Initially, Combe was a critic of phrenology. His opinions began to change in 1815 after he attended multiple lectures by Johann Spurzheim, a critical player in the beginnings of the field. Combe’s passion and enthusiasm quickly expanded. He ended his career in law to write about and study the philosophy and structure of the brain.

Combe published his first article on phrenology in April 1817, beginning a prosperous writing career that garnered him international recognition. Three years later he founded the Edinburg Phrenological Society, one of the first of many phrenological groups established in Great Britain. His most famous work, The Constitution of Man (1828), became one of the best-selling books of the nineteenth century.

With his international fame established, Combe began his two-year North American lecture and lesson tour in 1838, including a lecture in Philadelphia that attracted doctors, scholars, and middle- and working-class individuals.

Combe dedicated his life to phrenology up until his death in August 1858. In July 1857, he began the last revision of The Constitution of Man but was unable to finish it before his passing. Historically, he is considered one of the most influential players in phrenology.

Samuel George Morton

Wikimedia Commons

Samuel George Morton, pictured here, was a Philadelphian natural scientist, physician, and writer. He had a significant impact on two fields of study: craniology, a term often used as a synonym for phrenology, and polygenism, both of which are historically racist disciplines. Consequently, Morton is considered one of the originators of scientific racism.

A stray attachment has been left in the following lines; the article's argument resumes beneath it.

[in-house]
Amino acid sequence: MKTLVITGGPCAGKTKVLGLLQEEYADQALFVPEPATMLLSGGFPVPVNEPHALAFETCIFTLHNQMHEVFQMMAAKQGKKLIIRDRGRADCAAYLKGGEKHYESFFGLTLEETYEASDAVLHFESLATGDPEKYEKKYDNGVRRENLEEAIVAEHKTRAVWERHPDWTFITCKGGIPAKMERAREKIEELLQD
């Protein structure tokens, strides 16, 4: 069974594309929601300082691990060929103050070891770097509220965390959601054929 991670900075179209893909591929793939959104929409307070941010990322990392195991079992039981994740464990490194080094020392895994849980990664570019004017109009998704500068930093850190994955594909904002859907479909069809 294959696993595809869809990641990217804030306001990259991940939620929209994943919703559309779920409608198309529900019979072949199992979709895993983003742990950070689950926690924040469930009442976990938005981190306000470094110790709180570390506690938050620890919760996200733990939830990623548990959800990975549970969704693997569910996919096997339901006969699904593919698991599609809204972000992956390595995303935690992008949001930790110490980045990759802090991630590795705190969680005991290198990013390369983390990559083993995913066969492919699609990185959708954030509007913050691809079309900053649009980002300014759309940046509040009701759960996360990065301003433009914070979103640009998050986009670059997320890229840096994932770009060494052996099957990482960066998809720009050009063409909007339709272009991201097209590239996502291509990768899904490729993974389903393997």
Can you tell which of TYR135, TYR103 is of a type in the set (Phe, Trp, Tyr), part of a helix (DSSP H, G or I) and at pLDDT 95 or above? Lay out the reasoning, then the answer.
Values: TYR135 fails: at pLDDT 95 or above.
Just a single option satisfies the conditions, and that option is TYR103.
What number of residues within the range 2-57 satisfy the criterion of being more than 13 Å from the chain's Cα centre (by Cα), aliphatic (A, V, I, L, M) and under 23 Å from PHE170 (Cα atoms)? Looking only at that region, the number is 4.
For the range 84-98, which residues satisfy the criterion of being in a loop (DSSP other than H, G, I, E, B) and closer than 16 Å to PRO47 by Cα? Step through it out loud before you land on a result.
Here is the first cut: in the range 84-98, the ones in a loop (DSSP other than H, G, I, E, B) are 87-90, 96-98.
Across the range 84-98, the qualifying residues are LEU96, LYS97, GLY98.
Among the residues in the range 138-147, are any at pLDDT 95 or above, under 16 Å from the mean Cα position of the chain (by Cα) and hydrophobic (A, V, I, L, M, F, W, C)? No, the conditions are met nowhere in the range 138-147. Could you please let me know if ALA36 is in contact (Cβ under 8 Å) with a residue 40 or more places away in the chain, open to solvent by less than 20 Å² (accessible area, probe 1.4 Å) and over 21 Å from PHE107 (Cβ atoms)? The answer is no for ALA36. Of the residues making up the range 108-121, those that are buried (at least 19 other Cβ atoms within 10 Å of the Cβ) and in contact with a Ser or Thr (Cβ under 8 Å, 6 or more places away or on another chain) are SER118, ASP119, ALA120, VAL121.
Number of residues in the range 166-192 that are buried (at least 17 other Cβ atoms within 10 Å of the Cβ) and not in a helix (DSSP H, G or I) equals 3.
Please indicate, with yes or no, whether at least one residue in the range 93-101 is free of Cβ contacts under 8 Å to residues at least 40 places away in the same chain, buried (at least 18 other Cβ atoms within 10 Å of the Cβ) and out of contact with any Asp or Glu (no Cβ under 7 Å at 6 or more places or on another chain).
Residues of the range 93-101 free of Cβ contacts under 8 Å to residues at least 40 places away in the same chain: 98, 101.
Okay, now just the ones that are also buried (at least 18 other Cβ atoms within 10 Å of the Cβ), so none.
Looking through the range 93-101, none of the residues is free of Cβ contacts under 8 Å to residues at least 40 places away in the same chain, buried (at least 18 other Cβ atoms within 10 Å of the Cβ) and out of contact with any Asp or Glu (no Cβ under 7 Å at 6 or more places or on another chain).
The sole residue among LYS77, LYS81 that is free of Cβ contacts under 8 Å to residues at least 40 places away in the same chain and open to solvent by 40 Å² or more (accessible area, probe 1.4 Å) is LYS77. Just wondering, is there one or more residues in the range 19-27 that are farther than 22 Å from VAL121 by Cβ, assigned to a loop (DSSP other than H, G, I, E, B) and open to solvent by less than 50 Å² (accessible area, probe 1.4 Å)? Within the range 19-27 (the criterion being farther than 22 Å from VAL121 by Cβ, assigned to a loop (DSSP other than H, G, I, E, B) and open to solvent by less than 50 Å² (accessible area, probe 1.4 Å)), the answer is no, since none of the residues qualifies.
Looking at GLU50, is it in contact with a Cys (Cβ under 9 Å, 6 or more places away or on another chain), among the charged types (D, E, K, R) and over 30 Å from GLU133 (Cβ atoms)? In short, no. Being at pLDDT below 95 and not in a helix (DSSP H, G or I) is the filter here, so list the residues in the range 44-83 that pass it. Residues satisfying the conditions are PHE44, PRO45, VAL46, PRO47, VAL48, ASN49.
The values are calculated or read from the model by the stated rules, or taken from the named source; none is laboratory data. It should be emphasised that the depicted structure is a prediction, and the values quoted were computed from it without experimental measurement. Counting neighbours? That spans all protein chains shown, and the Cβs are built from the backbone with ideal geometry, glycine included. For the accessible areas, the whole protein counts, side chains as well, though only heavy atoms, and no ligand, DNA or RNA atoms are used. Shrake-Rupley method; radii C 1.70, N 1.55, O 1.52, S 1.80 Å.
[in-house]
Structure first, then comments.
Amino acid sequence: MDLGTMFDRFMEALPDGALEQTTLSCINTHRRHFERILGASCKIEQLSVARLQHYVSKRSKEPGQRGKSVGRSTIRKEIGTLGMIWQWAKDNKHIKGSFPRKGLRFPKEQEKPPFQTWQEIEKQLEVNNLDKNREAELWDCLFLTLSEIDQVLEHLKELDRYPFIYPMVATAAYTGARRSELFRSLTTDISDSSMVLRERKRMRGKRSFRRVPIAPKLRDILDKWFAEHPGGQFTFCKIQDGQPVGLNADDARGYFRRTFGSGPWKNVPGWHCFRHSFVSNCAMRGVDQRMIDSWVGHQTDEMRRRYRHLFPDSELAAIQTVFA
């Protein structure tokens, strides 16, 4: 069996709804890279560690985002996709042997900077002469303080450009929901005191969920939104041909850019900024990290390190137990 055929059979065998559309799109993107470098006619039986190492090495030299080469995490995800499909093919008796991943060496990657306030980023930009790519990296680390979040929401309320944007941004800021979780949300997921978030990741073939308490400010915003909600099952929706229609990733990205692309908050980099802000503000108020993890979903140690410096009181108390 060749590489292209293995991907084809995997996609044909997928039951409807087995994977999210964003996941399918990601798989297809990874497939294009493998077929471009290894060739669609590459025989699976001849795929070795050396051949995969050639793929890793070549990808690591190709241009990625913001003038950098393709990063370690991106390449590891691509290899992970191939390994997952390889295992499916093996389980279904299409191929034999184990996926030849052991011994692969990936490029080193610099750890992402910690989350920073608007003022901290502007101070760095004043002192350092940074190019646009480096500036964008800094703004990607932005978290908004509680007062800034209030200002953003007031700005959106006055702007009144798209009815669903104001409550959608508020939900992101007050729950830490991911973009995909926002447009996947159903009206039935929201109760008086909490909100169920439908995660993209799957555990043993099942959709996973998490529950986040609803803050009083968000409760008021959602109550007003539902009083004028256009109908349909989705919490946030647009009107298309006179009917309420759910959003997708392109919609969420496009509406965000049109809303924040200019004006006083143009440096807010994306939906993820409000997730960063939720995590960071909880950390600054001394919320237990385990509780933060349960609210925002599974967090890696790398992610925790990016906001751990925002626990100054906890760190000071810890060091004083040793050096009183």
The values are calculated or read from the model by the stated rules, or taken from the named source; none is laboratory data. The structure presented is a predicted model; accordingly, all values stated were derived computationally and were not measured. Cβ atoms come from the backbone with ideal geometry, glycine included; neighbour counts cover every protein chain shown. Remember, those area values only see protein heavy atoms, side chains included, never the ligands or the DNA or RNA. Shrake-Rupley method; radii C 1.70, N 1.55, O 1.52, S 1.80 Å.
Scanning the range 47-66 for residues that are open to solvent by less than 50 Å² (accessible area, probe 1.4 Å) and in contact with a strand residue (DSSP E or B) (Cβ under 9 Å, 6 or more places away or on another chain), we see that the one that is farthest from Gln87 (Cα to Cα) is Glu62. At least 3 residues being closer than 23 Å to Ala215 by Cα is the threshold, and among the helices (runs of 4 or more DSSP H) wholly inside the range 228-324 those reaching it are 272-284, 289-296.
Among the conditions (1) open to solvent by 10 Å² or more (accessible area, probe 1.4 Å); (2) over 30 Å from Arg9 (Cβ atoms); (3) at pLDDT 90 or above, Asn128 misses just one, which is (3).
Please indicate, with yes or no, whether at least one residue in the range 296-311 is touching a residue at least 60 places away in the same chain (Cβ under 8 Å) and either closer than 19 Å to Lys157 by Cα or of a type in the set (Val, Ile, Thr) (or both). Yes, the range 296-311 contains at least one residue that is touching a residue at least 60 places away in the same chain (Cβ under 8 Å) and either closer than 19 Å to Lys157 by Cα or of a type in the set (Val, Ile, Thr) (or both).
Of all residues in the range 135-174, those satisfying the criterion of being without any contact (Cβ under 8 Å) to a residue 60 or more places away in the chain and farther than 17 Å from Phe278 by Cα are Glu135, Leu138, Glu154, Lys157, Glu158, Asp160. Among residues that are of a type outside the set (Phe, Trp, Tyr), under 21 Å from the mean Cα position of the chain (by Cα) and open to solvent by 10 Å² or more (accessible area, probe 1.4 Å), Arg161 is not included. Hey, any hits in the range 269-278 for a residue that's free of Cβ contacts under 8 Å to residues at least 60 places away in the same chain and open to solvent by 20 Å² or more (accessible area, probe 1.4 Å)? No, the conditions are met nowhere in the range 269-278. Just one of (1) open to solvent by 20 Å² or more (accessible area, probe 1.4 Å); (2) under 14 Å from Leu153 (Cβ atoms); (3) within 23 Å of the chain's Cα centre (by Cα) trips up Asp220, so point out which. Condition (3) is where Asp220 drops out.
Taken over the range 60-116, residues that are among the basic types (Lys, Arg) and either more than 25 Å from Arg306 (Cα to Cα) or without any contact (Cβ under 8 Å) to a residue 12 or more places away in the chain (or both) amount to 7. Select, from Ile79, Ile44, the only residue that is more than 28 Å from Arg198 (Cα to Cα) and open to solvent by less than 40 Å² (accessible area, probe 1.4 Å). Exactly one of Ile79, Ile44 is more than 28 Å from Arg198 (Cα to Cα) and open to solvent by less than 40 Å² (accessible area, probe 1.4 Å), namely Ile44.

Morton, a prominent and respected member of the city’s scientific community, lived in Philadelphia all his life. As a member with the Academy of Natural Sciences, he corresponded with prominent scientists internationally. With these connections, he was able to amass a substantial skull collection of approximately one thousand craniums from forty nations.

One of Morton’s most famous works, Crania Americana (1839), included over seventy illustrations of skulls from his collection catalogued by race with explicit details of the skulls’ size and shape alongside corresponding mental faculties. He posited that there were five distinct races, and no skull was comparable to that of the white man. Under this logic, Morton argued that white people’s racial superiority and intelligence resulted from their skulls’ physical dimensions.

During the 1830s and 1840s, Morton amassed an impressive skull collection of more than 1,300 crania, many of which were from enslaved and indigenous individuals. It is considered one of the most outstanding collections of human skulls in the world.

After Morton’s death in 1851, the Academy of Natural Sciences purchased Morton’s skull collection. In 1966, the collection was transferred to the Penn Museum. Since then, the collection "has increasingly attracted scholarly attention and has been actively studied, researched, and published” by scholars across the globe.